You won't be able to elude the truth forever. Better stop playing the game of economy, and face your responsibility. Face that everyone using energy could've been considered guilty for the Chernobyl disaster, which undoubtedly killed many, because it was the increasing "needs" that motivated the building of that central, and its usage. It might be argued that there were also military interests... but then, who allows wars? Who fights in them? It was each individual that was convinced by Hitler. It is each individual that is absort in this game. But, hear me: this is not chess. We are the pawns. In the end, we will be those suffering the consequences.
Do you want a conclusion? Well, if you do, you'll be disappointed, because there's no conclusion. The truth is in you. In each of you. There are no magic words. There is no magic political system that will save you, that will get rid of all the problems. When you get over meanness, anarchy is feasible. And also democracy, whose use should be in the domain of managing the technical details of the nation. Now, do whatever - whatever you consider appropriate, or simply "whatever", if you live without thinking. But, if you seek to be true humans, beware of your actions. Be honest in every small sphere of your lives, and you'll be walking insignias of true freedom.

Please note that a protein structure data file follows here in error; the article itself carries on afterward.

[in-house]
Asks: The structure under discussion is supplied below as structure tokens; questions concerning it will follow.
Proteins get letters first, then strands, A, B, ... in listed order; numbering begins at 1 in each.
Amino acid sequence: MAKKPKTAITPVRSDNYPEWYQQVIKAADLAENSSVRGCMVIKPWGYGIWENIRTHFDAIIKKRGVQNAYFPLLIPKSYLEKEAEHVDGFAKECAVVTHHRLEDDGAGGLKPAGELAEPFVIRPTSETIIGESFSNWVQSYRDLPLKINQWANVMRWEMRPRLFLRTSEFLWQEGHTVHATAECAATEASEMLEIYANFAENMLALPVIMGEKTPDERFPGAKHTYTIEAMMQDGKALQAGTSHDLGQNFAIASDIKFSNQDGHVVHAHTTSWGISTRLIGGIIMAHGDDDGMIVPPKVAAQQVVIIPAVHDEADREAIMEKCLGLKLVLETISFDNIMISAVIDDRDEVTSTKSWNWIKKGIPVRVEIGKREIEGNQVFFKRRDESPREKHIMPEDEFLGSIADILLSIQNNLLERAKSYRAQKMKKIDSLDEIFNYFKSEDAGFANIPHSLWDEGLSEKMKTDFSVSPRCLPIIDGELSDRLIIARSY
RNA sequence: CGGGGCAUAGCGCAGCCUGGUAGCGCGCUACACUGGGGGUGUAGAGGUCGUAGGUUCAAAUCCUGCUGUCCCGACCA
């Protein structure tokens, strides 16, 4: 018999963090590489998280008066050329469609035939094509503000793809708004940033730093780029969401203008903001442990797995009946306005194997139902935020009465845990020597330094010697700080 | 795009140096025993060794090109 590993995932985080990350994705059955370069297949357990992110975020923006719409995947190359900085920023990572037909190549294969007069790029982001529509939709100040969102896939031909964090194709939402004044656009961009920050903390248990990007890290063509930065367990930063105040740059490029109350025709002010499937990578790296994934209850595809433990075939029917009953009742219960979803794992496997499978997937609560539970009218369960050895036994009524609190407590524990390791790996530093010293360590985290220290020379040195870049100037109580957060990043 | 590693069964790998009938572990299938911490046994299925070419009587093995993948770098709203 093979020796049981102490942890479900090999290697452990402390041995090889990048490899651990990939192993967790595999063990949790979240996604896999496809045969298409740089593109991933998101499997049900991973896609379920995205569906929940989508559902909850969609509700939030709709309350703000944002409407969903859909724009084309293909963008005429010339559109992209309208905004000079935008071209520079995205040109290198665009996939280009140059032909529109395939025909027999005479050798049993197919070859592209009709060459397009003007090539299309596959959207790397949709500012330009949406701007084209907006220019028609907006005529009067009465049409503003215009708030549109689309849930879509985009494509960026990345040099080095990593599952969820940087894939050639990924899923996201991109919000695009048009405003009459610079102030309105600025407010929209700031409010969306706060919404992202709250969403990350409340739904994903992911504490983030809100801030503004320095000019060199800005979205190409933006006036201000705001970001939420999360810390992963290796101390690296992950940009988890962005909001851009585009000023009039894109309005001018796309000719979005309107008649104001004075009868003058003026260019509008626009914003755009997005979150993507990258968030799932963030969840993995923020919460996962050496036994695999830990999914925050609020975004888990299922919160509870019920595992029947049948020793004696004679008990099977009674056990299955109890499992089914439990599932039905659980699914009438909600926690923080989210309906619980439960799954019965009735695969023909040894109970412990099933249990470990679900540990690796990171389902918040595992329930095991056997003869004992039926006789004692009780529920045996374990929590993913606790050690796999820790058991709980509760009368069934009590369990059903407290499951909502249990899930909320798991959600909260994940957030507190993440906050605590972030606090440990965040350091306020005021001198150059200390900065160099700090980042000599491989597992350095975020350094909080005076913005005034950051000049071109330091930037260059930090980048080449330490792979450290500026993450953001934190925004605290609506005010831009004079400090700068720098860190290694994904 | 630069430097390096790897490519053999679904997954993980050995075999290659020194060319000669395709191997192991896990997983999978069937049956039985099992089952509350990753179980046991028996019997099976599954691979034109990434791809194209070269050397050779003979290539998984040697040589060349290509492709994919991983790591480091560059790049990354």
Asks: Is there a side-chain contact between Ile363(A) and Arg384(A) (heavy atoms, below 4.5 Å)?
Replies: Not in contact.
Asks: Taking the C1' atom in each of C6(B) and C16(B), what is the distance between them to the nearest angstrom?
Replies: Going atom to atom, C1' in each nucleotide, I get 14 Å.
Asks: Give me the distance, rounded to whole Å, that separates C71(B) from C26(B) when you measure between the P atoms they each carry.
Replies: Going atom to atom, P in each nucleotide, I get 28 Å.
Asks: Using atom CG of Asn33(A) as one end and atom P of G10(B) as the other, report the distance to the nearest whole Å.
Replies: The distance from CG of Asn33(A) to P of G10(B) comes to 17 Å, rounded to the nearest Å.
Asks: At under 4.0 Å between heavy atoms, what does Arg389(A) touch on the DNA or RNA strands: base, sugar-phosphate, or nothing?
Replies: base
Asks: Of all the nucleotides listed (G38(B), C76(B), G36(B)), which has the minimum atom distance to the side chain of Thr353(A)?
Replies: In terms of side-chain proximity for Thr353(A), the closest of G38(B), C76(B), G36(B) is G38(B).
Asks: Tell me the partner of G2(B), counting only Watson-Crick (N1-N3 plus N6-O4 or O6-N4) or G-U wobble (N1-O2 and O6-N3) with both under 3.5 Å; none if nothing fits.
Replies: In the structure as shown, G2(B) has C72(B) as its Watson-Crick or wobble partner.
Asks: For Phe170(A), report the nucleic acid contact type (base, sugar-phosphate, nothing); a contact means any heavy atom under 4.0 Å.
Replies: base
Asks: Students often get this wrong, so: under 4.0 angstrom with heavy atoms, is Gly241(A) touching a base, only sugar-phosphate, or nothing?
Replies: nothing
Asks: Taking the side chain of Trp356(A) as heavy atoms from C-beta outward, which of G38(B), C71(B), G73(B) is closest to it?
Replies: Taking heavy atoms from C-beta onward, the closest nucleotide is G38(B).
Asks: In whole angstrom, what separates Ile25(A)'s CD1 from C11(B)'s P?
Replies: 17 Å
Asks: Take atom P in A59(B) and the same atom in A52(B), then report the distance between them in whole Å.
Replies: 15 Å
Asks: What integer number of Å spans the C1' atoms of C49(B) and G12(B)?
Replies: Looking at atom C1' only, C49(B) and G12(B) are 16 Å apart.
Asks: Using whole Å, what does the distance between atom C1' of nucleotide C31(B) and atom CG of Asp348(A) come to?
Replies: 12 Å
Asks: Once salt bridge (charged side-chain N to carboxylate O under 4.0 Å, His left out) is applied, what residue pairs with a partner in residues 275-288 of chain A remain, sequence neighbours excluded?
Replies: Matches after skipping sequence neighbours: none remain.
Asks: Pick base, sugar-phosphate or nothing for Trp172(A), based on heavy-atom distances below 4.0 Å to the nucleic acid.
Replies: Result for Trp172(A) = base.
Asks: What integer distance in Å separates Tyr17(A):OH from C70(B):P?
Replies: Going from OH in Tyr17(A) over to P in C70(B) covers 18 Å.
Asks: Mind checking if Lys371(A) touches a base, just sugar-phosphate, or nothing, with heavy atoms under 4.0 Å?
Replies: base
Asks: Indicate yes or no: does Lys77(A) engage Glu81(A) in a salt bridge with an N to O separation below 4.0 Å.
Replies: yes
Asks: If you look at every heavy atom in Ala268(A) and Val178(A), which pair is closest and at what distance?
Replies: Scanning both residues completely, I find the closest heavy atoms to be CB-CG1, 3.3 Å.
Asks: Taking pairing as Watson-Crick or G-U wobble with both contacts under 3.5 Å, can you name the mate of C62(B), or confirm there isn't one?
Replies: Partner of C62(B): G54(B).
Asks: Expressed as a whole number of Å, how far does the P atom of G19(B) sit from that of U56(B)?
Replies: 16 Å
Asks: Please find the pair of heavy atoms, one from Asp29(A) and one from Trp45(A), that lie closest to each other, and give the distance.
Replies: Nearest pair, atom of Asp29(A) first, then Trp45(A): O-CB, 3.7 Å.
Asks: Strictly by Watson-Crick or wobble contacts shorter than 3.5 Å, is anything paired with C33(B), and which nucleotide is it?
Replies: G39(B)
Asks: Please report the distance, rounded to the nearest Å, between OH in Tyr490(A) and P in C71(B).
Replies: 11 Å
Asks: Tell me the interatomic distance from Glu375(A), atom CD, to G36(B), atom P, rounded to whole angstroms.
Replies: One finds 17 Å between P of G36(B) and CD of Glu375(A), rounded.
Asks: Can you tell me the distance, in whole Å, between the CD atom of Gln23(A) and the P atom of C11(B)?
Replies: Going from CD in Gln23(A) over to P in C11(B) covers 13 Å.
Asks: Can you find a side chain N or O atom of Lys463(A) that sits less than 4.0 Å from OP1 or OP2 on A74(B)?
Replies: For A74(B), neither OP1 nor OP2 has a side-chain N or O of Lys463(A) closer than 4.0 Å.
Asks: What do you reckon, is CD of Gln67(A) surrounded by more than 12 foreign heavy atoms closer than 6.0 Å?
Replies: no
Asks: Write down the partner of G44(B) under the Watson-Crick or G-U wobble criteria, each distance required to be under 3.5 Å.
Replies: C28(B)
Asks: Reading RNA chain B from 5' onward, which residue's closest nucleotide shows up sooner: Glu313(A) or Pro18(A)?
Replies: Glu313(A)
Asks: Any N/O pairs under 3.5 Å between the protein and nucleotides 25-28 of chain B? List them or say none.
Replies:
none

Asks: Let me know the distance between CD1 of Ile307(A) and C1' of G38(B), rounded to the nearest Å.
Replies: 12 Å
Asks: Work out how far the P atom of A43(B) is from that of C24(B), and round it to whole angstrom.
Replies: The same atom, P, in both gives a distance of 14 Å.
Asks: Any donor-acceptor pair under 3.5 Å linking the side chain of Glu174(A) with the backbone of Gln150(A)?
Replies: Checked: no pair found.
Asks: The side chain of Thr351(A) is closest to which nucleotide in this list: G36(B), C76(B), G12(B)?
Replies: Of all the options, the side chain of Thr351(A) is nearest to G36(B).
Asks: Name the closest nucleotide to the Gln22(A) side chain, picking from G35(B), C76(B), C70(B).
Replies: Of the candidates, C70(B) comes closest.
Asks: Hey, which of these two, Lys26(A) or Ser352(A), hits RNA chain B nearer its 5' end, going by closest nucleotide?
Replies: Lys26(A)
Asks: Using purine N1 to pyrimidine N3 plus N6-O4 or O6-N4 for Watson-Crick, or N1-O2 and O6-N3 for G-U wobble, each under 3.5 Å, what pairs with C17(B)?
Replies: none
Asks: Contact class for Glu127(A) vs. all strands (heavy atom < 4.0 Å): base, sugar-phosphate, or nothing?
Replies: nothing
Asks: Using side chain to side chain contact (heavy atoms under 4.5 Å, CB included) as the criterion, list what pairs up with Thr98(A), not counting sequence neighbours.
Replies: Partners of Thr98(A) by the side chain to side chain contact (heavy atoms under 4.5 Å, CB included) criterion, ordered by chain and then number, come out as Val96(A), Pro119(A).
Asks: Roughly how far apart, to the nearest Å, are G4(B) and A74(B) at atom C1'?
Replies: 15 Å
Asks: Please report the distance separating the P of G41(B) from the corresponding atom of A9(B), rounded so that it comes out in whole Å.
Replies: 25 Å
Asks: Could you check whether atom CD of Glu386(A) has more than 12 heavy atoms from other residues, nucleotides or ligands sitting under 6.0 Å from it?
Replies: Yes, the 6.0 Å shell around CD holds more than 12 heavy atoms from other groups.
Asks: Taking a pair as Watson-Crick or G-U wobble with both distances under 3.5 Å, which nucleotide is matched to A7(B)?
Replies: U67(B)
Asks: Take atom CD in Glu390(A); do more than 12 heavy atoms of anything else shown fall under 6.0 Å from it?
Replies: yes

Editor's Note: This was a freelance article sent in this morning by a non-native English speaker that reads Phoronix... Freelance articles are welcome at Phoronix, even if they may fall slightly off-topic and views that many might not agree with, but pose for interesting discussions on an otherwise slow Linux/open-source news weekend. Anyhow, thanks to Kalrish Bäakjen for taking the time to write this article and share his views with Phoronix. You can share your feedback with Kalrish via the forum comments.